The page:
NYMAN: Piano Concerto / Where the Bee Dances (John Lenehan/ Simon Haram/ Takuo Yuasa/ Tim Handley/ Ulster Orchestra) (Naxos: 8.554168)
Shipping time: In stock | Expected delivery 1-2 days | Free UK Delivery
Michael Nyman (b.
The Piano Concerto;Where the Bee Dances
When Michael Nyman published his study Experimental Music: John Cageand Beyond (1974), he could hardly have foreseen his own contribution tothat "beyond". Rejecting the orthodoxies of British modernism, Nymanhad abandoned composition in 1964, working instead as a musicologist, editingPurcell and Handel, and collecting folk-music in Romania. Later he became amusic critic, in which capacity he was the first to apply the word "minimalism"to music, in a 1968 review for The Spectator of Cornelius Cardew's TheGreat Digest.
That same year, a chance encounter with a BBC broadcast of Steve Reich'sCome Out opened Nyman's ears to further possibilities. A route back tocomposition was emerging. He wrote the libretto for Harrison Birtwistle's 1969"dramatic pastoral" Down by the Greenwood Side. In 1977,Birtwistle, by now Musical Director of the National Theatre, commissioned himto provide arrangements of eighteenth-century Venetian songs for the productionof Carlo Goldoni's play Il Campiello, to be performed by what Nymandescribes as "the loudest street band" he could imagine: rebecs,sackbuts, shawms alongside banjo, bass drum and saxophone.
Thrilled by the results, Nyman kept the Campiello Band together, nowpropelled by his own piano playing, but a band needs repertoire, which Nymanset about providing, beginning with In Re Don Giovanni, a characteristictreatment of a sixteen-bar sequence by Mozart. Soon the band's line-up mutated,amplification was added, and the name changed to the Michael Nyman Band. Thishas been the laboratory in which Nyman has formulated his aesthetic, itssound-world shaping a compositional style built around strong melodies,flexible, assertive rhythms and precisely articulated ensemble playing.
Besides concert-hall works, Nyman has written dozens of film-scores fordirectors as diverse as Peter Greenaway, Jane Campion and Volker Schlondorff;and pieces to accompany dance, a cat-walk fashion show (Yamamoto Perpetuo forJapanese designer Yohji Yamamoto), the opening of a high-speed rail link (MGV,1993) and a computer game (Enemy Zero). That acute sensitivity tooccasion and context is enriched by a talent, shared with baroque composers,for refiguration: the 1995 Concerto for Harpsichord and Strings developsideas previously encountered in The Convertibility of Lute Strings and Tangofor Tim; the Third String Quartet lies behind the score forChristopher Hampton's 1996 movie Carrington. At every turn Nyman hasproved eminently practical. Not for him the ivory tower anguish of a tormentedcomposer grappling with abstract systems, rather an openness to collaboration,a spry sense of humour, a highly literate imagination and an instant,instinctive ability to engage a highly diverse audience.
Michael Nyman's saxophone concerto Where the Bee Dances waswritten for John Harle, a performer who has had a continuing association withthe Michael Nyman Band. The title of the work makes obvious reference toShakespeare's song for Ariel, in The Tempest, Where the bee sueks, therelurk Il In a cowslip's bell I lie, set by Nyman for Peter Greenaway's film Prospero'sBooks. References to this setting return from time to time during thecourse of the concerto. The title has a further reference to the circular danceof bees as they seek to show the source of nectar. The other musical basis ofthe work is a series of four chords. The concerto was expressly designed tomake use of the abilities of John Harle, a composer and performer who has had asignificant connection with the performance of contemporary music by composersranging from Richard Rodney Bennett to David Bedford, Harrison Birtwistle andMichael Torke.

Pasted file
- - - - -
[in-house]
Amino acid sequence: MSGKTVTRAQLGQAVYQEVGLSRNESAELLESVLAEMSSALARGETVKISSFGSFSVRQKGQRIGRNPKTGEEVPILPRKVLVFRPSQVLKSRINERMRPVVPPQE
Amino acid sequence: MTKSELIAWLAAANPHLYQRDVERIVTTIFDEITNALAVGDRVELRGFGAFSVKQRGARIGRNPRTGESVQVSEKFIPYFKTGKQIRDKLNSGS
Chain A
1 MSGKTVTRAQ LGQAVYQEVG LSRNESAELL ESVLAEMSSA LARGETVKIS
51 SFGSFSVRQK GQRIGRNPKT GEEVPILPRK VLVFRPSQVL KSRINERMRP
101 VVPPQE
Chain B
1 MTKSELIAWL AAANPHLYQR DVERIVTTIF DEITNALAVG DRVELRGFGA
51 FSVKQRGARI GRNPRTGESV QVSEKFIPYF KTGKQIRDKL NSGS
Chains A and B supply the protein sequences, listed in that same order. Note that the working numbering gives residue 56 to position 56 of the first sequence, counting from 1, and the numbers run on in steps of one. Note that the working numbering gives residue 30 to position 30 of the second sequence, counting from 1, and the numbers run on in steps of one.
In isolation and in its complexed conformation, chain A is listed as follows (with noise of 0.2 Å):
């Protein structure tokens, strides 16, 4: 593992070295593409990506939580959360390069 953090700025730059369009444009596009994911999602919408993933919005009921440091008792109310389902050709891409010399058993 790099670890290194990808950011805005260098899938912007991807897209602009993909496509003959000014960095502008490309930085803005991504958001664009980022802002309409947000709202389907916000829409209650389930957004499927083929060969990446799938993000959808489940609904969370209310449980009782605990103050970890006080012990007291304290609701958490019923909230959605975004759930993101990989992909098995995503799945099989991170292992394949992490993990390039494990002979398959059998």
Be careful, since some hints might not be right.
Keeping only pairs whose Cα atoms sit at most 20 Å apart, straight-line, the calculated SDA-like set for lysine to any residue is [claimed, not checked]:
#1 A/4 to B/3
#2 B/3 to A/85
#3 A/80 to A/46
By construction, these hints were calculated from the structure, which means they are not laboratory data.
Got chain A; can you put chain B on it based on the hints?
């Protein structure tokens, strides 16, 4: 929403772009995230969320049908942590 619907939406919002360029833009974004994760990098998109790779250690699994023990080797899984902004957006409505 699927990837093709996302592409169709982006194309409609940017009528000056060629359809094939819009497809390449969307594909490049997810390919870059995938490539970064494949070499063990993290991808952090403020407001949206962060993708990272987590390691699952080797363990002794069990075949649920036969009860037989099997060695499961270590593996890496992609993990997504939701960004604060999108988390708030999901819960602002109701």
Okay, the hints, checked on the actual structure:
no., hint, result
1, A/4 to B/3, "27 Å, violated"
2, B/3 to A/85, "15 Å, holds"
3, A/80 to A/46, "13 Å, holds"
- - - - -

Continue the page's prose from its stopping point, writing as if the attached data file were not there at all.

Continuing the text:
The Piano Concerto is derived from the score for the film The Piano, whichprovided solo piano music for Ada, the leading character in Jane Campion'sfilm, with its story of tragic marital tensions in a remote New Zealand settingin the nineteenth century. The Scottish widow Ada, with her child, goes out tomarry a settler, bringing her piano. The instrument cannot be taken to theirhouse and is, instead, kept in the house of a neighbour, from whom Ada buys itback by allowing sexual favours, finally to fall in love. The film ends withher departure, with the piano now seemingly lost in the waves. The piano musicfor the film was written in 1991 and the orchestral score derived from it inthe following year. The resulting work, The Piano Concerto, which refersdirectly to the title of the moving film in its own title, was written for theLille Festival in 1993, and develops the necessarily shorter fragments demandedin a film score into a coherent whole. The work is in one movement and makesuse of four distinct elements. These include Ada's Scottish song Bonny winter'snoo awa' and, in a third and fourth episode Flowers of the Forest andBonnie Jean, after a second chromatic element. The four episodes havethe titles The Beach, The Woods, The Hut and The Release.